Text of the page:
Iran - Reflections of a generation raised in wartime: ‘I Could Not Imagine What Peace Looked Like’
No big news in this piece, just an interesting reflective piece.
Three decades after the beginning of an eight-year-long war that altered the very fabric of Iran’s society and political system, many Iranians, particularly the young, struggle with how it should be remembered. Although many are respectful of the sacrifices made during that period, few consider the political establishment’s emphasis on its commemoration to be sincere.
This past week marked the 30th anniversary of the beginning of the Iran-Iraq War in September 1980. When Saddam Hussein’s army crossed the international border, revolutionary fever was at its peak in Iran. The Islamic Republic was only in its second year and had already experienced the downfall of its liberal provisional government. The hostage crisis was in full swing and there was an ongoing power struggle in a country where revolutionary cleansing had just begun.
Ironically, the day the war began coincided with the very first day of the Iranian school year. Millions of six- and seven-year-olds were about to start the first grade on the eve of the conflict. Violence loomed over the lives of many Iranian youngsters through most of their school years. Today they are in their 20s and 30s and they remember the days of war all too vividly.
Sanaz, a 34-year-old woman who works as an engineer and lives in central Tehran, is one. I shared a cup of coffee with her last week. As the TV in the coffee shop showed footage of the war’s first phase, she suddenly exclaimed, “I miss those days!” Startled, I asked why. “It was horrible, I know, but people were different,” she explained. “They cared more then. They helped each other. The society had not become this ugly. I miss that and I miss the songs.”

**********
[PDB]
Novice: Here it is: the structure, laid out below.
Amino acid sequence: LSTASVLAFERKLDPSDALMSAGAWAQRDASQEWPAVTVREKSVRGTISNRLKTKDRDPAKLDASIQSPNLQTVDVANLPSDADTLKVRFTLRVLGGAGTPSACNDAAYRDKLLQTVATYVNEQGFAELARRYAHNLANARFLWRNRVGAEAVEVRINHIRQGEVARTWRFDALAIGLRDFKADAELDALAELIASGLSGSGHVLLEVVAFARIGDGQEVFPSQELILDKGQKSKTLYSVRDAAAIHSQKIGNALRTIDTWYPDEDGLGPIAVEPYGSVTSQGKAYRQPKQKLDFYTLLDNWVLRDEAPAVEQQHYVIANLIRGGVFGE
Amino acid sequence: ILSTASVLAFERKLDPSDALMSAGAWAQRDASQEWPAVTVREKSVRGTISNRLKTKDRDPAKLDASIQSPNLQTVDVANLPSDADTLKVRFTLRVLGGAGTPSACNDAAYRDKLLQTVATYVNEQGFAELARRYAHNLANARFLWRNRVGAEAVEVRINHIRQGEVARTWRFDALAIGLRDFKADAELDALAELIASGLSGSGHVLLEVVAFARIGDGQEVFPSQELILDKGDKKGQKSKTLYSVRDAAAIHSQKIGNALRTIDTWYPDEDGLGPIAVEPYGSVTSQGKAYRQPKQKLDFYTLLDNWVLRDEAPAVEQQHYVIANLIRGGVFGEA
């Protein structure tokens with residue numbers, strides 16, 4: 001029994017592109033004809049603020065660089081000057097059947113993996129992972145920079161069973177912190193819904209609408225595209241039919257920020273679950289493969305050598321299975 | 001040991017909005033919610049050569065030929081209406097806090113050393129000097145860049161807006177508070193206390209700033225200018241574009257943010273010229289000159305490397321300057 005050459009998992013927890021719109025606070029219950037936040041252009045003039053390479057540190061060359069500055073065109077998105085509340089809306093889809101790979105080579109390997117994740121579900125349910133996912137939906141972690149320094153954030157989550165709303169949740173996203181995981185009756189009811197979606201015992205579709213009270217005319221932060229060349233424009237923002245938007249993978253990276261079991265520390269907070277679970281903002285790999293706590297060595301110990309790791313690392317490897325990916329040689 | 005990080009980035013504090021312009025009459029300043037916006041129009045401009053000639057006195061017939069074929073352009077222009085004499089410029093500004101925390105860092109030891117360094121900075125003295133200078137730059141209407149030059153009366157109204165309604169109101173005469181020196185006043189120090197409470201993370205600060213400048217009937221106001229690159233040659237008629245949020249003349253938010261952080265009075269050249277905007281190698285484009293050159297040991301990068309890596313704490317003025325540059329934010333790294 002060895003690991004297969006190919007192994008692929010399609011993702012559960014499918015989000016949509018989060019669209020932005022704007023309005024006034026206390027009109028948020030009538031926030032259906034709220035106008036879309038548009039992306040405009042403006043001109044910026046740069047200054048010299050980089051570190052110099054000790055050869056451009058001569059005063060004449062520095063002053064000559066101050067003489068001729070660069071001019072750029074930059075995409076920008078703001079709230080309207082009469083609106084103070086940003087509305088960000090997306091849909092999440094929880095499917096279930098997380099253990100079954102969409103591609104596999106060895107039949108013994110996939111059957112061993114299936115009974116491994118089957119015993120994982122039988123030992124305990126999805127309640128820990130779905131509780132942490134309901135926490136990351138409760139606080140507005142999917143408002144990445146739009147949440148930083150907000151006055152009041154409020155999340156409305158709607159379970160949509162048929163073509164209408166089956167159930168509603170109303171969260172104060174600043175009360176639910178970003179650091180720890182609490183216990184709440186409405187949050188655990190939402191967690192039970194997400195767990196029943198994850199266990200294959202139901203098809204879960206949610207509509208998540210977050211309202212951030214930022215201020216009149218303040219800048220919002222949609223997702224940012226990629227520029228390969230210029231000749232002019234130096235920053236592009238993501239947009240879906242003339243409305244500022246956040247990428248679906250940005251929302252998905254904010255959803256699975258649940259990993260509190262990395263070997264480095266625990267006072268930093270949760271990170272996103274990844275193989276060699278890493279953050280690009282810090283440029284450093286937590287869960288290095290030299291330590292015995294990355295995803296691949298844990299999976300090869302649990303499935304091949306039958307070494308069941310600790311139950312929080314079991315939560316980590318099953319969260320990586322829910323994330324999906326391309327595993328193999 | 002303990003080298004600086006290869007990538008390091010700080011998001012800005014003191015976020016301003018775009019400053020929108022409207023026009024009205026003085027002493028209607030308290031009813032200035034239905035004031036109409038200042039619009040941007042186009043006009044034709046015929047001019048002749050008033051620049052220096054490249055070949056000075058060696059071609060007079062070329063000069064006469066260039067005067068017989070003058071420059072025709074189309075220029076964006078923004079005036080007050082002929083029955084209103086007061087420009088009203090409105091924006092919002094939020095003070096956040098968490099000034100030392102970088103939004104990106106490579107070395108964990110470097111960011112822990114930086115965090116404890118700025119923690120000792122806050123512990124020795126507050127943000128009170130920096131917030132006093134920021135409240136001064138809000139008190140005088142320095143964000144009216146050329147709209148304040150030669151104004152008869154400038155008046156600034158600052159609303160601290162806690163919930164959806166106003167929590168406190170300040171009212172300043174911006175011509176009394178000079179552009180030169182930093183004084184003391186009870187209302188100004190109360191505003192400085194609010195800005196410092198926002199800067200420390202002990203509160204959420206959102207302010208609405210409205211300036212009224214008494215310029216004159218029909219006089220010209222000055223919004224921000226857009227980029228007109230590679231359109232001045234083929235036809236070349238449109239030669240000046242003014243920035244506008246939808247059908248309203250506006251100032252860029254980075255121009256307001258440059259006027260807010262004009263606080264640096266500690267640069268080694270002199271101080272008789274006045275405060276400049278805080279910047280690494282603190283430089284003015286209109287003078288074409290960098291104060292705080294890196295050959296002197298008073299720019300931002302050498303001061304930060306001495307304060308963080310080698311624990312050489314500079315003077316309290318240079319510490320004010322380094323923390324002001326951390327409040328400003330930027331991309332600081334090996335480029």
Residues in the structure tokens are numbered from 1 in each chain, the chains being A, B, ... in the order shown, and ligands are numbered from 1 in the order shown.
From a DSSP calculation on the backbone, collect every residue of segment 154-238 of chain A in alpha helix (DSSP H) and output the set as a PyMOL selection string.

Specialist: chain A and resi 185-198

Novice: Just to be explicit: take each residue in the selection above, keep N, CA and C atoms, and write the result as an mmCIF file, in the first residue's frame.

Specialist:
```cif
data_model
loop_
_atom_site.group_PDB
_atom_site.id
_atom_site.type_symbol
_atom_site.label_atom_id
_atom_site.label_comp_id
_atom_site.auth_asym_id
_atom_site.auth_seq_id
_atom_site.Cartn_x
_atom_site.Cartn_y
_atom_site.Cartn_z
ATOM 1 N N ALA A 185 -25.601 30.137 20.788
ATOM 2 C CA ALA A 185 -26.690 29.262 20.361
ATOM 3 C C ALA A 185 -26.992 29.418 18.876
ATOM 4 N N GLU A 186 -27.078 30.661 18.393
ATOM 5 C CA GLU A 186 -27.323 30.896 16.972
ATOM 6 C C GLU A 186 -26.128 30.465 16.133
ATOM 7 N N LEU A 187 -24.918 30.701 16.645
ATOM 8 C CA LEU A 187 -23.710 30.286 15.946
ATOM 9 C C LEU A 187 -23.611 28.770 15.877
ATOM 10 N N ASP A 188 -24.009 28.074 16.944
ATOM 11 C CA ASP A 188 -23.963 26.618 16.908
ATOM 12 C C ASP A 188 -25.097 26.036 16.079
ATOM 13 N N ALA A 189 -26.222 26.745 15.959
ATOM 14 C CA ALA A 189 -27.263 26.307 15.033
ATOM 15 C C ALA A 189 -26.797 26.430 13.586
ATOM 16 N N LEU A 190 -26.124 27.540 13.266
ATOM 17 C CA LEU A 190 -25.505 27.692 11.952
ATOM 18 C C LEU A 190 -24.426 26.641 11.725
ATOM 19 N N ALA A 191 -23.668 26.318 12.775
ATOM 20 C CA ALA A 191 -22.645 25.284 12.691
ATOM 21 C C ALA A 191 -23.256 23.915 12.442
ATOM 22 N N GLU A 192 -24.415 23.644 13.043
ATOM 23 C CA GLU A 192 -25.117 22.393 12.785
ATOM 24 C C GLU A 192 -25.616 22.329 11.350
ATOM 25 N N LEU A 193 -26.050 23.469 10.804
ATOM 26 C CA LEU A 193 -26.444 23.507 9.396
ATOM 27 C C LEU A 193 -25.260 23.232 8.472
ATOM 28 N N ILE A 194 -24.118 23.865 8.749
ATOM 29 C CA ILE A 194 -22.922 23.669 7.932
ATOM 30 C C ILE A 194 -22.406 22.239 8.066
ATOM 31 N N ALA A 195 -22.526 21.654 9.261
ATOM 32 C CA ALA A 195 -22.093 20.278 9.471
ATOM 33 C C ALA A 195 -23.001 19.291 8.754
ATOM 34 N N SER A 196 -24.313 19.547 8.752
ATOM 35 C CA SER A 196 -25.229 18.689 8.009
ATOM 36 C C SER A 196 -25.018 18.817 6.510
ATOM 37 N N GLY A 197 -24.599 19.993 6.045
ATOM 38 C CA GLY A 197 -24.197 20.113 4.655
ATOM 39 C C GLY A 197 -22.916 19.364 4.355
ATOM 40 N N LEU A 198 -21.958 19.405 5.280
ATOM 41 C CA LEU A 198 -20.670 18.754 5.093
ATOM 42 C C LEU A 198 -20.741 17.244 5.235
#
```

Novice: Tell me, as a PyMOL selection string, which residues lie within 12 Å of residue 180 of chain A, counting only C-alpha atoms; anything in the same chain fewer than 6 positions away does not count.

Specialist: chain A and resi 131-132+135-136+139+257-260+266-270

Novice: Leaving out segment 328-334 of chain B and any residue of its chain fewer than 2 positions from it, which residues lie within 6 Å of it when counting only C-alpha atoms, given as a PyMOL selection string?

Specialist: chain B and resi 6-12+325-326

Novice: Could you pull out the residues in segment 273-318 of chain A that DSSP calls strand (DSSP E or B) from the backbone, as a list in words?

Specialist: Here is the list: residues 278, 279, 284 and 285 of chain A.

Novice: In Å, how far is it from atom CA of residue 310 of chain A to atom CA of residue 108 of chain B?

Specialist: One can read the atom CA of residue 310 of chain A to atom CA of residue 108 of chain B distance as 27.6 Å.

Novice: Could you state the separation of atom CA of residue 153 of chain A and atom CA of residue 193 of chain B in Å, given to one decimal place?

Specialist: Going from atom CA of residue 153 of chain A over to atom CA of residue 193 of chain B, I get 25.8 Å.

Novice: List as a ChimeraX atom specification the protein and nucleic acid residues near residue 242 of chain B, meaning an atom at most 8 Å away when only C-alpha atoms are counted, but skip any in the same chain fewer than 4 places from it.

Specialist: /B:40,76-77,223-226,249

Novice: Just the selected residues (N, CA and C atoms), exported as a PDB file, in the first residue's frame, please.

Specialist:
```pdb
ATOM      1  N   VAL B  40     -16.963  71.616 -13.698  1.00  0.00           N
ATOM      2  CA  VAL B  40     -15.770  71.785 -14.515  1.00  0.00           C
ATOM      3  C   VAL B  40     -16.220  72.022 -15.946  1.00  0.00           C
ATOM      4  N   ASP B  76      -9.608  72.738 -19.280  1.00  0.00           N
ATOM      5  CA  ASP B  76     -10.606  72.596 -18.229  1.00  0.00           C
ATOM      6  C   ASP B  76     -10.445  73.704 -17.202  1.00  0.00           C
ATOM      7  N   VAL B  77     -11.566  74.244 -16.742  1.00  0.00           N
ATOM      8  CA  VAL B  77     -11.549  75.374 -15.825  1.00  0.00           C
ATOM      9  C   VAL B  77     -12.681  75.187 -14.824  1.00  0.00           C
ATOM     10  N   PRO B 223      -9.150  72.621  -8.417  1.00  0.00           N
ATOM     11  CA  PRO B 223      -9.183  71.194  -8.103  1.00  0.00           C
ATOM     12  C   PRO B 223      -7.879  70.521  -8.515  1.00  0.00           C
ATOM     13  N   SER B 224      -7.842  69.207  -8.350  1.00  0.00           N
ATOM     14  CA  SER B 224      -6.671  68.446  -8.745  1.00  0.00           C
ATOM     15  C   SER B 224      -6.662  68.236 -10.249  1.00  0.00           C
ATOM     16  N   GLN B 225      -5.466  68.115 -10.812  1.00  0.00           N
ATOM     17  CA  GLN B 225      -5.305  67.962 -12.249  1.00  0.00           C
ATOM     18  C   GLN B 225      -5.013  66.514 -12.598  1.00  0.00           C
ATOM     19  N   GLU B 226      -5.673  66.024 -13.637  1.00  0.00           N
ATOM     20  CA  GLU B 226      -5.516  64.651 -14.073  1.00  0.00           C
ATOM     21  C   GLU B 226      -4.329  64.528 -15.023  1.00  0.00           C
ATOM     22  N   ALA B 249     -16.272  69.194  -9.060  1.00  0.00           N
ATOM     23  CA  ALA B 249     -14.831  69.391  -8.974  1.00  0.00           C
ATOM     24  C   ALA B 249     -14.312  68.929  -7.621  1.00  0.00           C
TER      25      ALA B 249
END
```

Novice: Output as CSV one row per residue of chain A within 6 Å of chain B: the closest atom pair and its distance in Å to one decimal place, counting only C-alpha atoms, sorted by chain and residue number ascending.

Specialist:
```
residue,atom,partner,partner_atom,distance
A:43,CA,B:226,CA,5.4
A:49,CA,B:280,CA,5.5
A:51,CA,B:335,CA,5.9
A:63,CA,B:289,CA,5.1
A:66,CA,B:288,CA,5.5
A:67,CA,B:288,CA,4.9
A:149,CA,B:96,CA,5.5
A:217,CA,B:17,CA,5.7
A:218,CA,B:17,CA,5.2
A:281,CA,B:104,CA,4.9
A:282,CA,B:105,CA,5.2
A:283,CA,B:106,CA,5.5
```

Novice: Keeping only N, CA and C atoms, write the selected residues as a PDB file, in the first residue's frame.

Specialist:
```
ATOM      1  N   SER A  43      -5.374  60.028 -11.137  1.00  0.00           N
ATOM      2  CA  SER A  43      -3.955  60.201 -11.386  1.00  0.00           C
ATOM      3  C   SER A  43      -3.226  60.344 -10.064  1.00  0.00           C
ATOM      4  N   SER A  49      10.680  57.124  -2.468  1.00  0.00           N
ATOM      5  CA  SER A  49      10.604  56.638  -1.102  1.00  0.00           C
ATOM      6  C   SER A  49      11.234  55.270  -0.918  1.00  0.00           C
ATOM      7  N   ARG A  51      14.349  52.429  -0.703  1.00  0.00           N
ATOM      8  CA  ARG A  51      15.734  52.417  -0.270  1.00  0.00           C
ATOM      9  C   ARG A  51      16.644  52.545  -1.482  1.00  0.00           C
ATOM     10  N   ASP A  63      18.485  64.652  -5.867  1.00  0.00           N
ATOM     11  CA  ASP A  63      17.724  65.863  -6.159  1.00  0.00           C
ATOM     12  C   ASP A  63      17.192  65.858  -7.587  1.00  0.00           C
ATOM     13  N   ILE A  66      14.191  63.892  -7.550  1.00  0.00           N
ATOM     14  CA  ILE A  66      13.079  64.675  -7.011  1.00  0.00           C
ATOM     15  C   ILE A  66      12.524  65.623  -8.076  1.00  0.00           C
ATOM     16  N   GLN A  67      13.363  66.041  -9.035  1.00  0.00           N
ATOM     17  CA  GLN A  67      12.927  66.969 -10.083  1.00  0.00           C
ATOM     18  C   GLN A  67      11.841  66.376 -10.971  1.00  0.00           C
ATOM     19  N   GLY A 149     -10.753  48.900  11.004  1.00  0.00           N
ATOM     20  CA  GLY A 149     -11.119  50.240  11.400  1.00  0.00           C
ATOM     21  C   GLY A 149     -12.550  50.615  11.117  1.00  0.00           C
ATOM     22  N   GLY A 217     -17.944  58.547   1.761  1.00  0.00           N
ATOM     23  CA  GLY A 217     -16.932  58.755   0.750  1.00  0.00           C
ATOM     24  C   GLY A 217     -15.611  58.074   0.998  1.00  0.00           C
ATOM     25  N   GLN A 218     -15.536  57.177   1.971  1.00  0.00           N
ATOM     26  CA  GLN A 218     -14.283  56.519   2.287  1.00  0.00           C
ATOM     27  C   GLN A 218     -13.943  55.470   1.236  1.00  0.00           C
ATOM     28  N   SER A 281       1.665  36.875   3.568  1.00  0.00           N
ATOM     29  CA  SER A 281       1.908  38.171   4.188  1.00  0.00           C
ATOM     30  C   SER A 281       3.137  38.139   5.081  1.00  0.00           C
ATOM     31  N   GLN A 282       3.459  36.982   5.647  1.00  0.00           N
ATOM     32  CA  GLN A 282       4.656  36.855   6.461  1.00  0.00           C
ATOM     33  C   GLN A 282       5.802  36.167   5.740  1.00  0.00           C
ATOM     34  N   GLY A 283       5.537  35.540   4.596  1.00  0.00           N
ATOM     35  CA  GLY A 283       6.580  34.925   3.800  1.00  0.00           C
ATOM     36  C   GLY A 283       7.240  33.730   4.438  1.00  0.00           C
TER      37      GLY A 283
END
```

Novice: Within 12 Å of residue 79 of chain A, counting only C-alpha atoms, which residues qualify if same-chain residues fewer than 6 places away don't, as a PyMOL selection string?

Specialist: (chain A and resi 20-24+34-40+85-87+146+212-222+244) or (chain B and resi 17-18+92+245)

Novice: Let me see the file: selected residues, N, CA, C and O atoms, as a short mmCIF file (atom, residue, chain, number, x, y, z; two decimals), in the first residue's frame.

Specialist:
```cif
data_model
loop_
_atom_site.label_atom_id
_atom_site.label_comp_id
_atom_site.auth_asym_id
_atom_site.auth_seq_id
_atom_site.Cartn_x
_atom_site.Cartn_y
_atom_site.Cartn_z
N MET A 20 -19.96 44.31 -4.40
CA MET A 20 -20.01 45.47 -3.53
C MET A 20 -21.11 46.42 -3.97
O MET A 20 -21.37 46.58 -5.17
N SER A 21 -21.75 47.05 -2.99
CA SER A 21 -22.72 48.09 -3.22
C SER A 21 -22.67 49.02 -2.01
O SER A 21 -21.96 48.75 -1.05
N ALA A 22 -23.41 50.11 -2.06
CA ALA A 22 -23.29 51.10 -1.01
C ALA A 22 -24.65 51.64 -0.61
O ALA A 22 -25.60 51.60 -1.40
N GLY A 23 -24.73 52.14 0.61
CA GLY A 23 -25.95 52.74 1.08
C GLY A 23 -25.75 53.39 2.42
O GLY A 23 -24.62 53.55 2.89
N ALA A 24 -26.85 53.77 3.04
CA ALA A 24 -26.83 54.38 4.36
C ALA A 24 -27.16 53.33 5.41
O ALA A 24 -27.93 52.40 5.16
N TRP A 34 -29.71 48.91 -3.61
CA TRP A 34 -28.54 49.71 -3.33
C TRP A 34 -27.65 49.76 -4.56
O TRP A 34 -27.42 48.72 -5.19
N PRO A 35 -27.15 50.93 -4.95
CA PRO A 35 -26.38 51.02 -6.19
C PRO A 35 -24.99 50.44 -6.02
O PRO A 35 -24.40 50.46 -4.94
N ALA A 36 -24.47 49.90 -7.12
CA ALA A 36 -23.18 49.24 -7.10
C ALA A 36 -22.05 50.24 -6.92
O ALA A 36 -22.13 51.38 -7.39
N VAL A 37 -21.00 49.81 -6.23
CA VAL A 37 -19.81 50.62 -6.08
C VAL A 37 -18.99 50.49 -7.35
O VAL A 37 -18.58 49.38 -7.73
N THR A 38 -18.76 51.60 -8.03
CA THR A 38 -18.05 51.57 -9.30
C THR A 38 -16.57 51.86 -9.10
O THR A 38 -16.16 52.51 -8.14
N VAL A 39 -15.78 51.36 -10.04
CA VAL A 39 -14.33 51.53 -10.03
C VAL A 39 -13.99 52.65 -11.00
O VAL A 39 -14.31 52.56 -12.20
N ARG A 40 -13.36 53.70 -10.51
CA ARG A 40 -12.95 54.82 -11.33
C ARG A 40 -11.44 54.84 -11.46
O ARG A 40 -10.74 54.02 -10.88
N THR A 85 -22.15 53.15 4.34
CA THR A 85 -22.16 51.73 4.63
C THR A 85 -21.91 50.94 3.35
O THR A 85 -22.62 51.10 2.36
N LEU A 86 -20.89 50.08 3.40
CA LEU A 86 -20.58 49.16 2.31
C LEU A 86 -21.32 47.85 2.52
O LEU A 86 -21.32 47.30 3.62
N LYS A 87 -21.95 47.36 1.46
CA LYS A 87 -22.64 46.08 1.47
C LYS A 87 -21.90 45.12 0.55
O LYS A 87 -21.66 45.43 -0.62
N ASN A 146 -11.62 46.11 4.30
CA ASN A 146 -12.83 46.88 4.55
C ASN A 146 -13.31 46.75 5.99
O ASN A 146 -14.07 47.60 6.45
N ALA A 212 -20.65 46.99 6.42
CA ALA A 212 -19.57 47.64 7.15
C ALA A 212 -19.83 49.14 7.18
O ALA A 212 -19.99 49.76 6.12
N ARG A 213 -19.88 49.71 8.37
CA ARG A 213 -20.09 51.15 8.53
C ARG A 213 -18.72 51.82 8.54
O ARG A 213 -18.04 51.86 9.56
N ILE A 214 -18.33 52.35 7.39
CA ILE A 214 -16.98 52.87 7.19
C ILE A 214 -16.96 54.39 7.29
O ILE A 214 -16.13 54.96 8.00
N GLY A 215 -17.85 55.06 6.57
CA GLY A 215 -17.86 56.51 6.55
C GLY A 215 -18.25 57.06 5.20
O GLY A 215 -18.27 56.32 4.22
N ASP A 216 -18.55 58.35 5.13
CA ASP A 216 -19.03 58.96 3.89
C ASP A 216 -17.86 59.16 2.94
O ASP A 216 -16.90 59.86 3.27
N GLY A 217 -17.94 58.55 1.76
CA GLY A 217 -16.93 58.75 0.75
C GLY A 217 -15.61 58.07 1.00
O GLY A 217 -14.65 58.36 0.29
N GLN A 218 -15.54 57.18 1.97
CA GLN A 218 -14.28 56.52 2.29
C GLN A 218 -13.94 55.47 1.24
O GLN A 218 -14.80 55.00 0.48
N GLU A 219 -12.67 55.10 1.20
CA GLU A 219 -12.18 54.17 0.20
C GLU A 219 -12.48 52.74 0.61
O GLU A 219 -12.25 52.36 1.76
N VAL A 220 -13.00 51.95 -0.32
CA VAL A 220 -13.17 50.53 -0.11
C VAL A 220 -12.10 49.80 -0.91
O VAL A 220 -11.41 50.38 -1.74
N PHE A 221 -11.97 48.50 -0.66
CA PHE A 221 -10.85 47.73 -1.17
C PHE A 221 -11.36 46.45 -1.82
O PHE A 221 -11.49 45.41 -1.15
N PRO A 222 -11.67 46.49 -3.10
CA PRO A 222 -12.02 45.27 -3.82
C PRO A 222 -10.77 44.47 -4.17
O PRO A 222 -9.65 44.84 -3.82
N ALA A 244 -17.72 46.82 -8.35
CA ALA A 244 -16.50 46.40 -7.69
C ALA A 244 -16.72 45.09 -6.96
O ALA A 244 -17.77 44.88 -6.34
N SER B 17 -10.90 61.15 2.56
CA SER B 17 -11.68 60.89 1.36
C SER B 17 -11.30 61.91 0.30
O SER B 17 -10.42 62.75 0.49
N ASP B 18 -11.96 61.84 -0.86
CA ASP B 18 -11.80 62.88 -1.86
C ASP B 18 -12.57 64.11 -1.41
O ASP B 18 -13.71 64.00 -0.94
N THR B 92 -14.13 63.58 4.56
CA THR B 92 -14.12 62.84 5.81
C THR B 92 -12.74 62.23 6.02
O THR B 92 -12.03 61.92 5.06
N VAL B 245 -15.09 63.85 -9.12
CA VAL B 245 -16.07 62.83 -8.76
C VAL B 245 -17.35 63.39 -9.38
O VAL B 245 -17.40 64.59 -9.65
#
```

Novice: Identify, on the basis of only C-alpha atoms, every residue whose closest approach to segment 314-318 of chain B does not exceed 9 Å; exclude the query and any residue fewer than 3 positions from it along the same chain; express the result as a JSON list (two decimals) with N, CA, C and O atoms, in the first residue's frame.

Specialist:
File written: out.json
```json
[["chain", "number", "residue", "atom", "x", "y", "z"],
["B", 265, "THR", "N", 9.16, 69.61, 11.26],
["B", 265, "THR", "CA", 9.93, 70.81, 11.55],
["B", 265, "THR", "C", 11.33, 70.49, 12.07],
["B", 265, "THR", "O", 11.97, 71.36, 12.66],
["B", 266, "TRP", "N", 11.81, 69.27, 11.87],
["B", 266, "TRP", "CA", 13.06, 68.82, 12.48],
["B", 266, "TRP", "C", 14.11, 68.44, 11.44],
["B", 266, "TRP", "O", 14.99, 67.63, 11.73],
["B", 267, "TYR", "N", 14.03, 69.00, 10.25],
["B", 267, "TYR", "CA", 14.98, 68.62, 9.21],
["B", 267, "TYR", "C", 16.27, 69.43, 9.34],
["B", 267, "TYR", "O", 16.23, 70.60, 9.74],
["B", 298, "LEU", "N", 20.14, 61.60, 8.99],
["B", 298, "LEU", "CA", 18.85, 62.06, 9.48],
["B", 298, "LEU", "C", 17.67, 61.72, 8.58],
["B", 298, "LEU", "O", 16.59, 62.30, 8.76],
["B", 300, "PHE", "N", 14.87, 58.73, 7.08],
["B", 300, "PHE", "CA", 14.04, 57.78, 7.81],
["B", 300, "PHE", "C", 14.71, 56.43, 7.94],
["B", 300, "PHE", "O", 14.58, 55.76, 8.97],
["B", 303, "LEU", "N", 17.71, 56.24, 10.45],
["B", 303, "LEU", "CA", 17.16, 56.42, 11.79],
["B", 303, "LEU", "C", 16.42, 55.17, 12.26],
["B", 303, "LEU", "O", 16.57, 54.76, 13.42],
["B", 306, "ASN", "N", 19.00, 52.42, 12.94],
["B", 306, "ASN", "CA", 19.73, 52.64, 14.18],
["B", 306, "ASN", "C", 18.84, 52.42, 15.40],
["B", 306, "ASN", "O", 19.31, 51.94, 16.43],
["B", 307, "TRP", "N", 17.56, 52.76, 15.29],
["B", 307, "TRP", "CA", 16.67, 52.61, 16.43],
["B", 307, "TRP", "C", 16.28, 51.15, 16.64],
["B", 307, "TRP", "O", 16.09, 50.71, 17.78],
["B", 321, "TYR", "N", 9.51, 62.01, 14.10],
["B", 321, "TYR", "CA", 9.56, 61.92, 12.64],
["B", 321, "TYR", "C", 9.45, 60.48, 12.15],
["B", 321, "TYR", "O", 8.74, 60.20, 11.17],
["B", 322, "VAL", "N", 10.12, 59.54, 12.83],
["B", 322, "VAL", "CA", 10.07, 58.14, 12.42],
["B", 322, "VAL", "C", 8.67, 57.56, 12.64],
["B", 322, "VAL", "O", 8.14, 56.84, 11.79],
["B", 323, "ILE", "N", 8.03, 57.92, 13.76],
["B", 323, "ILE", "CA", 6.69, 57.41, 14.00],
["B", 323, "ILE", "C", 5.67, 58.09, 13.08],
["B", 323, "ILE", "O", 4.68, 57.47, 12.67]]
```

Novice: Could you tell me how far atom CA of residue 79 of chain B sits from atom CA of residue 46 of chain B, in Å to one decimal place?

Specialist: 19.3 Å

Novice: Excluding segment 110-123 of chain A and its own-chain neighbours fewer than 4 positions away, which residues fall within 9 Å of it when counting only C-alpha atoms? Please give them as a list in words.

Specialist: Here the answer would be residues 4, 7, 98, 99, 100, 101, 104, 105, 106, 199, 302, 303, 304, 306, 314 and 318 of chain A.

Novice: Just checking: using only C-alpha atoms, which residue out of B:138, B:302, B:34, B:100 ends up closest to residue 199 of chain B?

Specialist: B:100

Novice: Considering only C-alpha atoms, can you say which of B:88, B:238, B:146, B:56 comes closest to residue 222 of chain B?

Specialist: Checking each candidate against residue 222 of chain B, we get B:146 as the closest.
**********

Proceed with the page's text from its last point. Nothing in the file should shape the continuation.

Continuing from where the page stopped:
People Sanaz’s age hardly had anything else to listen to. The only music that Islamic Republic of Iran Broadcasting (IRIB) was allowed to share with its audience was either marching tunes or war songs. Almost everything else was banned, from folkloric to pop. In the absence of alternatives, war songs became popular hits. One of the most popular in the early days of the conflict, according to Amir, a 38-year-old shopkeeper, was “Pilots, Heroes.”
He told me, “In those days, when they would sound the air attack alarm, we ran for the shelters. I always believed there was a fighter pilot somewhere who was going to shoot down those damned MiGs.” He sighed. “To me, an eight-year-old kid, they were the ultimate heroes.”